Multiple Sclerosis: policy context

There are no government policy documents in Scotland that relate specifically to Multiple Sclerosis (MS). The Scottish policy documents Delivering for Health (2005) and the Better Health, Better Care: Action Plan (2007) both recognise the importance of long-term conditions and advocate a generic (rather than disease-specific) approach to managing these conditions, including improving community care and self-management. In 2008 the Health and Social Care Alliance published "Gaun Yersel", a self-management strategy for people with long-term conditions in Scotland.

Audit Scotland published a report entitled 'Managing Long Term Conditions' in August 2007. The report used COPD and epilepsy as examples of long-term conditions but the principles are equally applicable to other long term conditions like multiple sclerosis.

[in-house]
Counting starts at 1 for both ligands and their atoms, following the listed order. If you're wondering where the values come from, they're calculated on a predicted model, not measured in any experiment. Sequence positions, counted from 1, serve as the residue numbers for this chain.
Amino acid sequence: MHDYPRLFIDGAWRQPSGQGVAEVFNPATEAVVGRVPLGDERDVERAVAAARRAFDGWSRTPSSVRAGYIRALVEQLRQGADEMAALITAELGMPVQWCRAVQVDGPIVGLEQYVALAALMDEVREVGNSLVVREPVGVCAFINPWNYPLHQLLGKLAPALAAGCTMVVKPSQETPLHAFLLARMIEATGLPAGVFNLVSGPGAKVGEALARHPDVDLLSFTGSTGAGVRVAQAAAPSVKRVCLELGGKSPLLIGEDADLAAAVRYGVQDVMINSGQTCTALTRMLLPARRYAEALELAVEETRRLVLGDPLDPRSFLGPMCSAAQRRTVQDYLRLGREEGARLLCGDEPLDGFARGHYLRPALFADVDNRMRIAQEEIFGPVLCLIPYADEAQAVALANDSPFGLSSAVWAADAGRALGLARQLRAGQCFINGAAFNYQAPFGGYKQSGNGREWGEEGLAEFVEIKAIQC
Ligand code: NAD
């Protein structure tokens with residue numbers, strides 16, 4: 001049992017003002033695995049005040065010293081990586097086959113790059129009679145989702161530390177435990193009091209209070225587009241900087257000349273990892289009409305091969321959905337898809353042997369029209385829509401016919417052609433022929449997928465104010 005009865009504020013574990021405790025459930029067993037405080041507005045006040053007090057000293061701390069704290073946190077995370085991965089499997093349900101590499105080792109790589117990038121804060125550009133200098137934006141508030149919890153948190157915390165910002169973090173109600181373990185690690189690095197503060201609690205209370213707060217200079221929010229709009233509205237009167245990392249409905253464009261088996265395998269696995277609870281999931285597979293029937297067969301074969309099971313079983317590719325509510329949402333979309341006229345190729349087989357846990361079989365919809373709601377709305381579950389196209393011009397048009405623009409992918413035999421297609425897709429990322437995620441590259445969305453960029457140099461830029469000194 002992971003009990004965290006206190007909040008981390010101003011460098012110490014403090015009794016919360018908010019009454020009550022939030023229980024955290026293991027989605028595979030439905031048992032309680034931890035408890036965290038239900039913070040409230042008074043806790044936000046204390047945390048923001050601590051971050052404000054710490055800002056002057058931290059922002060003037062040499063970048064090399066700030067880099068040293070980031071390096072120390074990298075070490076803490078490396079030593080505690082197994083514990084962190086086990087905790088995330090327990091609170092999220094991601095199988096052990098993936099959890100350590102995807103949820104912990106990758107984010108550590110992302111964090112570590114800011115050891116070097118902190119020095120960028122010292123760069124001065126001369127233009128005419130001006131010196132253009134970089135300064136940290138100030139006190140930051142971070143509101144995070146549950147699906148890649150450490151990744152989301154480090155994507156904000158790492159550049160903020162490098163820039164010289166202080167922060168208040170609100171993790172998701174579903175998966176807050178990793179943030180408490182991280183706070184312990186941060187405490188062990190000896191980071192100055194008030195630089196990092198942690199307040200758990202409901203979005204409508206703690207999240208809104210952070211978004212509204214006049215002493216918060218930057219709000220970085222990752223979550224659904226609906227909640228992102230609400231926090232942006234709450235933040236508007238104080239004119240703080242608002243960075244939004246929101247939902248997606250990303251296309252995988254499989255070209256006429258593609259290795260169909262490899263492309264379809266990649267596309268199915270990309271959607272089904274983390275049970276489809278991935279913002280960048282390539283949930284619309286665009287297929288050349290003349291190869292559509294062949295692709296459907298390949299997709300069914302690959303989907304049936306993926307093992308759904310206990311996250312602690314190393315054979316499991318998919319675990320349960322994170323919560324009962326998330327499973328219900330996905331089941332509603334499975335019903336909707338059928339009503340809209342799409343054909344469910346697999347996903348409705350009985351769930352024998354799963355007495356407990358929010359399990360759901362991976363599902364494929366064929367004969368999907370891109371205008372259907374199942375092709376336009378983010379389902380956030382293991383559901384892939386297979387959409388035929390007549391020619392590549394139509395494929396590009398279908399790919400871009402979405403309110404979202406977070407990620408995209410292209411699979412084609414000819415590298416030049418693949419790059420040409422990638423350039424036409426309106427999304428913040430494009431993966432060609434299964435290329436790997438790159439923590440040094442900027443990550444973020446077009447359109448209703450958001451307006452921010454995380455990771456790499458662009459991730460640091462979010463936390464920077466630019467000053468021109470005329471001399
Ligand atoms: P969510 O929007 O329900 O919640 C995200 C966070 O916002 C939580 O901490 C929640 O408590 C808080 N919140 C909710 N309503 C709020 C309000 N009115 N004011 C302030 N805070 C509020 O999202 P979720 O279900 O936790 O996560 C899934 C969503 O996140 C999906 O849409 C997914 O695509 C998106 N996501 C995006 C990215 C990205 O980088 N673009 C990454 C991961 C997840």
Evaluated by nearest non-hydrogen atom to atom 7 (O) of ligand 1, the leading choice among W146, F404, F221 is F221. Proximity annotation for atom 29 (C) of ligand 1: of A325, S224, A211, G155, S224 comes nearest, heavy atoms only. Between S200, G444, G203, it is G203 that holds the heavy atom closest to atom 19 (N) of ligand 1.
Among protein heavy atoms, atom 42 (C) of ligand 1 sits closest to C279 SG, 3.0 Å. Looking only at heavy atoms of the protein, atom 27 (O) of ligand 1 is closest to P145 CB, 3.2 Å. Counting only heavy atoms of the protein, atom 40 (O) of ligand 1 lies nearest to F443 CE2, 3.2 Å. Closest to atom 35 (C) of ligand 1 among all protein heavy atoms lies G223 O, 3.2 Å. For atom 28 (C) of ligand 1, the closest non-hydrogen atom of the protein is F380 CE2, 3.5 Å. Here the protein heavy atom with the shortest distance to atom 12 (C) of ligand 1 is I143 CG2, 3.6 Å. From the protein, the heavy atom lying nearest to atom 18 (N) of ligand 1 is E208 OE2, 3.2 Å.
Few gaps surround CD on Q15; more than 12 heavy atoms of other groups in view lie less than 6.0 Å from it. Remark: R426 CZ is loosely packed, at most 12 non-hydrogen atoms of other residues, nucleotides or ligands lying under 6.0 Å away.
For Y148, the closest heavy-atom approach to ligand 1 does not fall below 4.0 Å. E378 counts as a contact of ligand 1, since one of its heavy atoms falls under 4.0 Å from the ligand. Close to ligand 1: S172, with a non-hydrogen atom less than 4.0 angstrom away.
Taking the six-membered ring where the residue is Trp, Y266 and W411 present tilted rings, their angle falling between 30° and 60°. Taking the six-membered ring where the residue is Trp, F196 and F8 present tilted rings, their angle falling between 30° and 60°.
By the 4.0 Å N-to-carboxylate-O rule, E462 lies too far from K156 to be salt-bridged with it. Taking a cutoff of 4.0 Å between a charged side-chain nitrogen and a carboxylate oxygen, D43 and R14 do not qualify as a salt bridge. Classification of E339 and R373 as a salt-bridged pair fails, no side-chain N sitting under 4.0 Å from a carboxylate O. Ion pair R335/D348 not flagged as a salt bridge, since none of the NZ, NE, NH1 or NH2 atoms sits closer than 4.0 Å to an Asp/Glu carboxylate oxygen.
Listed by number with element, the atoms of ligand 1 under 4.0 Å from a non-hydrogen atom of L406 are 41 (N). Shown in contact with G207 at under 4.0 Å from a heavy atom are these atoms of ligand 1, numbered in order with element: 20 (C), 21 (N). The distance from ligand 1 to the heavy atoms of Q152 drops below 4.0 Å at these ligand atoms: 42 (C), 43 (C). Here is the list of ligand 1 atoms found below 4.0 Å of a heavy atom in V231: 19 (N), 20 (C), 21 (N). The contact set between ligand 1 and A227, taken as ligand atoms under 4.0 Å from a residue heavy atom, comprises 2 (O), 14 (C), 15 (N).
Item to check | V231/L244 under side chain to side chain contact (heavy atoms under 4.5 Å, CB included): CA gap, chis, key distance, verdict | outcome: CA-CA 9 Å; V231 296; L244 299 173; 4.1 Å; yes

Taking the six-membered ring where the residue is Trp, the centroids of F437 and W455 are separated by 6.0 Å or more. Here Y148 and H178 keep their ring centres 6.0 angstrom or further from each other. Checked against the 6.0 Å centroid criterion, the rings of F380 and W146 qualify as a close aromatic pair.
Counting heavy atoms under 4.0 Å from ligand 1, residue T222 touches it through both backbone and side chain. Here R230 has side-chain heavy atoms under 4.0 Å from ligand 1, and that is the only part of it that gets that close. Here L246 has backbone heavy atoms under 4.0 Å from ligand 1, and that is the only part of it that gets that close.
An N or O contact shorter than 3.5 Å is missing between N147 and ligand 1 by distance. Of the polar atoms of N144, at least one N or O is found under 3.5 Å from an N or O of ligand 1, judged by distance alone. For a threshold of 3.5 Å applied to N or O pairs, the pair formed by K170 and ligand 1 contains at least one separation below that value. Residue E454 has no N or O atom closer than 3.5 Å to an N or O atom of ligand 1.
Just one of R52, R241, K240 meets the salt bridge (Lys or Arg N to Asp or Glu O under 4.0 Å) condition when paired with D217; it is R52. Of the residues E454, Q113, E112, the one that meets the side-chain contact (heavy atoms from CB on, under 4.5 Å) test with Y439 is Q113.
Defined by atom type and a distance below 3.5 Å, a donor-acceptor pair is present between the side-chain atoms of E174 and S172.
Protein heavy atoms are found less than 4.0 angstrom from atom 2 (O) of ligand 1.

The MS Society and the MS Research Trust have produced recommended standards for the care of people with MS (Multiple Sclerosis Society (1999)). In January 2010 NHS Healthcare Improvement Scotland published Clinical Standards for Neurological Services, including services for multiple sclerosis.

In England a National Service Framework for Long Term Conditions was published in 2005. This focused on the needs of people with long-term neurological conditions and may provide a useful model for Scotland.

In November 2003, the National Institute for Clinical Excellence (NICE) published guidelines for the Management of multiple sclerosis in primary and secondary care(152Kb).

The UK MS register was launched in May 2011 and aims to develop a comprehensive resource to increase understanding of MS and support research. It includes a Scottish participating centre but there is also a separate Scottish MS register that aims to include MS patients from all of Scotland.